1. Actually I’m not being charitable – that sounds like quite a different rubbish problem to the more deconstructed rubbish we see along the A1. The truth is there are lots of reasons behind today’s litter – flytipping, casual and lazy ditching of fast food packaging, rubbish on the beach ( and goodness knows where that has come from ) , dog poo – and filled dog poo bags etc etc It’s all foul and all disfigures our landscape and worse. I think we all wish that there was more we could do to change this horrible situation – and feel terribly impotent. Just sad.

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  3. Awful isn’t it. As long as everything comes wrapped in plastic I cannot see anything changing even if we give up plastic bags. Now I find that plastic particles are also in the precious sea salt that I buy.

    Here on the beautiful beaches of Western Australia you will find plastic in all its forms too. On my walks through the Jarrah forest people toss out plastic bottles wherever they please. I pick them up.

    On a personal note I also have polypropylene mesh inside my body you may have read about the global disaster that is occurring with pelvic mesh. I feel that I am now a ticking time bomb. Just another use for cheap plastic that makes millions for the manufacturer and the surgeons who put it there.


    1. Very sad to read all that you say, Lydia. Terrible that you too find plastic on your Australian beaches (for some silly reason I think of them as pristine) and your beloved Jarrah forest. As for your pelvic mesh – I am deeply shocked which is a bit inadequate considering how scary it must be for you. What terribly sad things we do to our beautiful world.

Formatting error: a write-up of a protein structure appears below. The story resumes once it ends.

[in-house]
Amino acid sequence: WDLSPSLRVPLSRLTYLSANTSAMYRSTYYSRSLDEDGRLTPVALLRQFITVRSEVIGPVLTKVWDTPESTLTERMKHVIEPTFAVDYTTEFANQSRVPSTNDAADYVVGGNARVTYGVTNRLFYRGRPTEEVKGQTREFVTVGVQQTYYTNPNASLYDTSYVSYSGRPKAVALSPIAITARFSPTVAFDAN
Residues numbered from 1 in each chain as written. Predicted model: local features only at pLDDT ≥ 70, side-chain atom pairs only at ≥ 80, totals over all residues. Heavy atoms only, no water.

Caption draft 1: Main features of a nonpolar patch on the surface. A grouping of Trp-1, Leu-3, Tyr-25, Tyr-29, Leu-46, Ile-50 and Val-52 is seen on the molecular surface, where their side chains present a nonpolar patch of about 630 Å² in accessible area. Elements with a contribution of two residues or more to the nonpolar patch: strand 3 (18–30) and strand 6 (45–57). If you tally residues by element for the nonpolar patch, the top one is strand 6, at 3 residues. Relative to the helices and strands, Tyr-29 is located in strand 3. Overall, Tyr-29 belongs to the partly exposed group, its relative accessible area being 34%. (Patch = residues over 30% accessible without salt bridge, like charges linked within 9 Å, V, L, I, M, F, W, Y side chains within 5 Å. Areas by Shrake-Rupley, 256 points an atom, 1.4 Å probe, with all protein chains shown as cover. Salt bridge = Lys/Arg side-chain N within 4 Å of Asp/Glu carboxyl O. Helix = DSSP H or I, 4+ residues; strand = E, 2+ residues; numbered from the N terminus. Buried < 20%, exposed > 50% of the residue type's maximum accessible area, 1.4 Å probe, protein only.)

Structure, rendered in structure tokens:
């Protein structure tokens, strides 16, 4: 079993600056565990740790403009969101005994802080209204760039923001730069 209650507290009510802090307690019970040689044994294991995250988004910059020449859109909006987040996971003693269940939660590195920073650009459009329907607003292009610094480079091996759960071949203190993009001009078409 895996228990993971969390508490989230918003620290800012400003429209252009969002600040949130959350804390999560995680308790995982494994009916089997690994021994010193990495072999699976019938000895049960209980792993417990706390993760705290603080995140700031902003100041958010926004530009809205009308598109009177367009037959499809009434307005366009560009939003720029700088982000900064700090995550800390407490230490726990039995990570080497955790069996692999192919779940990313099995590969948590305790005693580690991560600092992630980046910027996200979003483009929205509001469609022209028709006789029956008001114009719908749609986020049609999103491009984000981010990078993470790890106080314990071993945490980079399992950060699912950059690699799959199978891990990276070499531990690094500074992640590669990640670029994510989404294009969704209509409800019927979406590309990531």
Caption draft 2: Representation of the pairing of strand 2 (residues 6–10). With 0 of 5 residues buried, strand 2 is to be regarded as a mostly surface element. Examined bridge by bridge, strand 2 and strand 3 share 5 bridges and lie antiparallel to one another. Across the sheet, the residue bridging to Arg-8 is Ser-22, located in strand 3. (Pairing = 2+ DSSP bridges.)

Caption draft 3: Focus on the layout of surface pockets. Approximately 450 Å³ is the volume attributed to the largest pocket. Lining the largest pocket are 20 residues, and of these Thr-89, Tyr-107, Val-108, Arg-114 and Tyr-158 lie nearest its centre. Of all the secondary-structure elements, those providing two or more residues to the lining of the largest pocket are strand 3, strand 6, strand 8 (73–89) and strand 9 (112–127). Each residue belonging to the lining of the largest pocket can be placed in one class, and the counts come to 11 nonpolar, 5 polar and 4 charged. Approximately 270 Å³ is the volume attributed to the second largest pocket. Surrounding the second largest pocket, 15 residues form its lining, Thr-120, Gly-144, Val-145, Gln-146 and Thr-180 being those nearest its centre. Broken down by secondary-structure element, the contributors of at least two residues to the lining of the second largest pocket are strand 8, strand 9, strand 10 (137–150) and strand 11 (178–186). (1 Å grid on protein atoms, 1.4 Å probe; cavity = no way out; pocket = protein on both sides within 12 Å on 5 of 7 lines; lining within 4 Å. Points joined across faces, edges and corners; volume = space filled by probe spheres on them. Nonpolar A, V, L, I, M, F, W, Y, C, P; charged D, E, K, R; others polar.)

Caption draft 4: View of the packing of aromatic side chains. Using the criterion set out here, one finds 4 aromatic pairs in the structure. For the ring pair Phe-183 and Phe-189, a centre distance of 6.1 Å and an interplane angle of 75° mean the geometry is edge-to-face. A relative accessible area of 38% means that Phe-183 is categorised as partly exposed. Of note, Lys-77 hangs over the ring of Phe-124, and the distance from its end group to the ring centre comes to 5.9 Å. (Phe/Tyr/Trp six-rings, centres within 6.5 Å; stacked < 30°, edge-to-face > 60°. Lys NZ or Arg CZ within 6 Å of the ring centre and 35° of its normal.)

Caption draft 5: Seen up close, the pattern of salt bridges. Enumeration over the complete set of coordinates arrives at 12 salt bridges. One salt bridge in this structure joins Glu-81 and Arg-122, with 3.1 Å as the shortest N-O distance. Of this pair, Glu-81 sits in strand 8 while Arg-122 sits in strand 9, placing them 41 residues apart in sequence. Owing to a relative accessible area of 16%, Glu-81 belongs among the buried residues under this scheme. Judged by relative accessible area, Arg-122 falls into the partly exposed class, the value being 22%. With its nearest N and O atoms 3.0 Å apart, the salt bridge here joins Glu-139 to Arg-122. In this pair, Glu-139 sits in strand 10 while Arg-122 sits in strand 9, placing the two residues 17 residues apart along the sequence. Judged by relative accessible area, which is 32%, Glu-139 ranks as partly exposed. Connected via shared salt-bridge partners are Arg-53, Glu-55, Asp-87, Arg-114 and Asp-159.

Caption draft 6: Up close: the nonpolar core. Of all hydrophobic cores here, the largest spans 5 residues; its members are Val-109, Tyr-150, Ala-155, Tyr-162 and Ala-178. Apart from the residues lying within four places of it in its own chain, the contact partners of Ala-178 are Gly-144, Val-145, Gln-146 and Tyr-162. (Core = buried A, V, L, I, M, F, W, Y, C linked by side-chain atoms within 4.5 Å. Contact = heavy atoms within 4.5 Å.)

4. Truly shocking and I share your rage about litter. Recently Steve and I found ourselves walking along a stretch of the A3072. In the absence of a pavement on this busy road, we had to walk on the grass verge, which entailed ploughing our way through a sea of plastic bottles, drinks cans, sandwich boxes – all stuff that had been chucked out of vehicle windows. Presumably it is like this all over the country. In 1990 we visited Galicia in Spain. We were appalled at the sheer volume of litter everywhere (plus the odd whiff of rotting animal carcass). Back then, this was I guess partly due to lack of funds, but it is also a cultural norm in the poorer and disorganised EU countries. In Naples a few years ago, there were mounds of litter in the streets, just so ugly and unhygienic. The locals don’t seem to notice it. (Sorry if I sound anti-EU, which as you know is not the case!) I think the problems you highlight are a reflection of the increased consumption of fast food/bottled drinks, and population probably, but also evidence of globalisation of this horrible habit of abandoning your empties. It has become acceptable here now. People are becoming physically lazier too – just too much effort to bend down and pick it up and carry it to the bin or take it home. I think concerned communities should get together and put up their own signs in hard-hitting language (nothing formal). As for abandoned dog poo bags – decorating the hedgerows here in Shobrooke too – don’t get me started!